Begotten (Movie Review)

Angelo's rating: ★ ★ ★ ★ Director: E. Elias Merhige | Release Date: 1990

For once, I'm at a loss of words. I'm no stranger to shocking horror films. I own a copy of "Cannibal Holocaust". I caught "Human Centipede: First Sequence" in theaters. I survived "Anti-Christ". But this film, "Begotten", makes those movies look like Pixar creations. Where "Cannibal Holocaust" occasionally throws a left hook at the viewer with graphic violence, “Begotten” delivers a non-stop barrage of uppercuts and pounding fists. Where “Human Centipede: First Sequence” cuts the shock with humor, “Begotten” has no chaser and offers no respite from the terrible images it contains. And finally, while “Anti-Christ” shocks with two brief images of graphic sexual violence, “Begotten” revels in it for what seems like an eternity. This movie is not one to be under-estimated.

Trying to synopsize a film like this would do it a terrible disservice. While there are characters and a plot, they only exist in the loosest sense of the terms. Actions happen that set off other actions that form a loose narrative, but this film isn’t about the plot. “Begotten” is pure art-house cinema. There’s no dialogue throughout the entire film, and the only narrative comes in the form of two interstitials at the beginning. However, the names of the characters are stressed at the ending, so we know that the three main characters are named “God Killing Himself”, “Mother Earth” and “Son of Earth - Flesh of Bone”. These names would lead you to believe that there is a heavy political or environmental message. That’s not really the case. “Begotten” is all about instilling a deep, visceral reaction in the viewer.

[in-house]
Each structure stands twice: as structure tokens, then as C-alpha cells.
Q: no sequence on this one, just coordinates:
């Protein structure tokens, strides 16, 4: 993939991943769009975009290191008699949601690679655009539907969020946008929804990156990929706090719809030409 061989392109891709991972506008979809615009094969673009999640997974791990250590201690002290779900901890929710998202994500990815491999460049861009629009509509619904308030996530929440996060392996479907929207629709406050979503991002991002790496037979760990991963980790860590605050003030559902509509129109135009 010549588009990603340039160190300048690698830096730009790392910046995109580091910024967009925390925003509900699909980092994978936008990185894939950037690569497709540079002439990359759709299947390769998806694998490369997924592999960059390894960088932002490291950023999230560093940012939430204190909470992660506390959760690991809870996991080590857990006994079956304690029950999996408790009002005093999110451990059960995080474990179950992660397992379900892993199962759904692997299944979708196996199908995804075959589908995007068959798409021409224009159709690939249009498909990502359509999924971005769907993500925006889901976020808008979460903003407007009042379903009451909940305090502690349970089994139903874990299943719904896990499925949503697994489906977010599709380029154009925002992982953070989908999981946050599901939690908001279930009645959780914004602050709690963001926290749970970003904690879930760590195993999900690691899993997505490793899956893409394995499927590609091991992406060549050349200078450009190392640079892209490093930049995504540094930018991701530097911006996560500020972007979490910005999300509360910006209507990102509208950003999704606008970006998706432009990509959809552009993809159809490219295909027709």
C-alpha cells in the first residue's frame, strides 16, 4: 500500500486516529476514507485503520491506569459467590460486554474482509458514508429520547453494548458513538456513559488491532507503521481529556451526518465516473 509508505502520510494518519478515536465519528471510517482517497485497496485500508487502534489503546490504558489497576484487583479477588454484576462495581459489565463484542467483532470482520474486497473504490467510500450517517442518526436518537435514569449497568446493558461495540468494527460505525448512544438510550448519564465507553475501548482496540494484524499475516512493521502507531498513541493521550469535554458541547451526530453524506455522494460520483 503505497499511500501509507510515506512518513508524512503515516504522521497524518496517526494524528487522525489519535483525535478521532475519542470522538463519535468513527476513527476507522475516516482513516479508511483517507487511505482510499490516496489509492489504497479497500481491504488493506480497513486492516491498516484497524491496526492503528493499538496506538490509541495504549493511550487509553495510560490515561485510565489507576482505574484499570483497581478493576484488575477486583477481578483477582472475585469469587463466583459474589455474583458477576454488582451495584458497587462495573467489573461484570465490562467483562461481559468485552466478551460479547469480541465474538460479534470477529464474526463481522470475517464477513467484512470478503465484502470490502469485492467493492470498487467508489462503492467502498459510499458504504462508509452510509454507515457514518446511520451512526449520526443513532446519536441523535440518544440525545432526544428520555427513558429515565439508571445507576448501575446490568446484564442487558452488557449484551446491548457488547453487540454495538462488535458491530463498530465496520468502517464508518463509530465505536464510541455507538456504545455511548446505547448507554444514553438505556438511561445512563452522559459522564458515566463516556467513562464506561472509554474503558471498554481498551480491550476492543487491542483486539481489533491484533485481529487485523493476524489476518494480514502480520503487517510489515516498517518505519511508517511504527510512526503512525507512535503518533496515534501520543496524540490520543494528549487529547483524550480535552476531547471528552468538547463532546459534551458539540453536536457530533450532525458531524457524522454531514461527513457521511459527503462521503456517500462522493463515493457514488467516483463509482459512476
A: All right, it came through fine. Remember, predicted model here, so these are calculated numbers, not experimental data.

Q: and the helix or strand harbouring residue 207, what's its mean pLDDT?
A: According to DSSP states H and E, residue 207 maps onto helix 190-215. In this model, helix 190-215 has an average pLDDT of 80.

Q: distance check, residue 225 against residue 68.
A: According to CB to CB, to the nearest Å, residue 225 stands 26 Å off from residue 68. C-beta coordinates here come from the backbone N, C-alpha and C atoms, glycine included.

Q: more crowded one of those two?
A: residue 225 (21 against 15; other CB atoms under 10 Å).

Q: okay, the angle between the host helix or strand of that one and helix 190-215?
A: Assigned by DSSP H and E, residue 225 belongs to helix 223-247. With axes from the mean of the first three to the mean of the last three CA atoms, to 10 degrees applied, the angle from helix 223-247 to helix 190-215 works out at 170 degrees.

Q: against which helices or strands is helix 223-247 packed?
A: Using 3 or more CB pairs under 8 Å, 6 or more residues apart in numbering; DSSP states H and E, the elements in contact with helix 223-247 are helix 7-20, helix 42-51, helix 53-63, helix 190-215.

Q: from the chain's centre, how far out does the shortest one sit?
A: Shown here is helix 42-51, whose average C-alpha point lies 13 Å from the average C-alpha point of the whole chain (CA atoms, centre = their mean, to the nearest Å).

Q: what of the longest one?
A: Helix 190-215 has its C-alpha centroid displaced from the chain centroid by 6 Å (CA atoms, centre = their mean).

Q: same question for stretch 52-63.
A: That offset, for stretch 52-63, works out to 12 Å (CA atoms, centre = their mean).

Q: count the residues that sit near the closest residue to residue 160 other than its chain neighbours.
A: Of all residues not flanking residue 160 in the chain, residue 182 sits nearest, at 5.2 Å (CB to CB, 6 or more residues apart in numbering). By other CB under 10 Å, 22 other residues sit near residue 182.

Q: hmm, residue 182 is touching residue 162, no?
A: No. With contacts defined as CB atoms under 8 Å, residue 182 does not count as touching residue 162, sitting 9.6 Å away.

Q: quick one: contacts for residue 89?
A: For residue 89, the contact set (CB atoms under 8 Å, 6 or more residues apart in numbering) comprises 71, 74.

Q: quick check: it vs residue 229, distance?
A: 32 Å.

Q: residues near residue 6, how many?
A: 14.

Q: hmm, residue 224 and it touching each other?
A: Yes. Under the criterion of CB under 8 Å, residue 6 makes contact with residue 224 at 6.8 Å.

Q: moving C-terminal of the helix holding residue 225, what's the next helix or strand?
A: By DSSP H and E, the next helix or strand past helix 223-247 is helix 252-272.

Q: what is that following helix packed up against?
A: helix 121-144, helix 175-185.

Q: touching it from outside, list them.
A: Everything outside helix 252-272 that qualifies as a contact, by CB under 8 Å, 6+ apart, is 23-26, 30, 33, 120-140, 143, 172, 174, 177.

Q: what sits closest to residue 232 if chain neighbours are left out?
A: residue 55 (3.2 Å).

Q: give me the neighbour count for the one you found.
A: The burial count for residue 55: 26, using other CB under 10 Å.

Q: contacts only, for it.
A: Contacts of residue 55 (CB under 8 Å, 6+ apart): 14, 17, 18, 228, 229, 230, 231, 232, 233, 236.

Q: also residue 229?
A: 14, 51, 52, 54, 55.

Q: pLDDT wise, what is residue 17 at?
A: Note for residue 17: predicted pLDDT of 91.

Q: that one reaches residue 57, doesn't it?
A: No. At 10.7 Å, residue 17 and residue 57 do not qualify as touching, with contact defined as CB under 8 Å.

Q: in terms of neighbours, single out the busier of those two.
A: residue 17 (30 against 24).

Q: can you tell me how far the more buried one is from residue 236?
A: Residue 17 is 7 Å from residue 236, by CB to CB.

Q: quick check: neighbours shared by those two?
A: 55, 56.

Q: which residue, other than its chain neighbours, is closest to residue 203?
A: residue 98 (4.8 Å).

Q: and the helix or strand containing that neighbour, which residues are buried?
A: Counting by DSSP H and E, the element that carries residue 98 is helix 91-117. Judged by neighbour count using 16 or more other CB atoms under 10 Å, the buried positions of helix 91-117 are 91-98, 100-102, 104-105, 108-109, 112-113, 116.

And it succeeds. At the risk of sounding cliche, “Begotten” is an absolute roller-coaster of a film. At times I felt disgust at what I was seeing. There were times I had to pause it and walk away to collect myself. When I wasn’t disgusted, I felt anxious. As a man who has sadly had more than one anxiety attack, I felt it beginning, the heart palpitations, the inability to breathe, I was on the verge. It made me uncomfortable in ways no other movie has even come close to doing. I felt revulsion. There were times I could feel my stomach churning, on the brink of vomiting. It made me angry. The horrors that man can inflict upon himself and others aew so brilliantly portrayed in this film that I found myself yelling “enough” at the nameless assailants that brutalize the Mother and Son. I pitied them. I felt bad for what they were going through. I felt bad about what I was going through.

I will warn you, I’m not embellishing these feelings at all. When it comes to sick and twisted cinema, this is it. I fear a movie that can compete with this. Given I was on the verge of having a panic attack and almost vomited while watching this movie, I absolutely cannot recommend this film to everyone. It will scar more sensitive viewers and even some of the more hardened readers out there. There were times I didn’t think I could finish. I was tempted to shut if off and find something more light-hearted to watch and review, but the sick and twisted world in this film is strangely engrossing.

As terrible as I felt while watching this film, I felt compelled to finish it. It demanded my respect in a strange and twisted way. In a way, it inspires so much emotion on such a deep and raw level, it’s a moving and poignant film. However, the message it makes is not pretty. You will see the horrors that man is capable of in shockingly graphic detail. But if you’re like me, and wondering if you’ve been desensitized after years of horror flicks, it’ll show you whether you can still feel or not. I can.



Get Your BGH Fix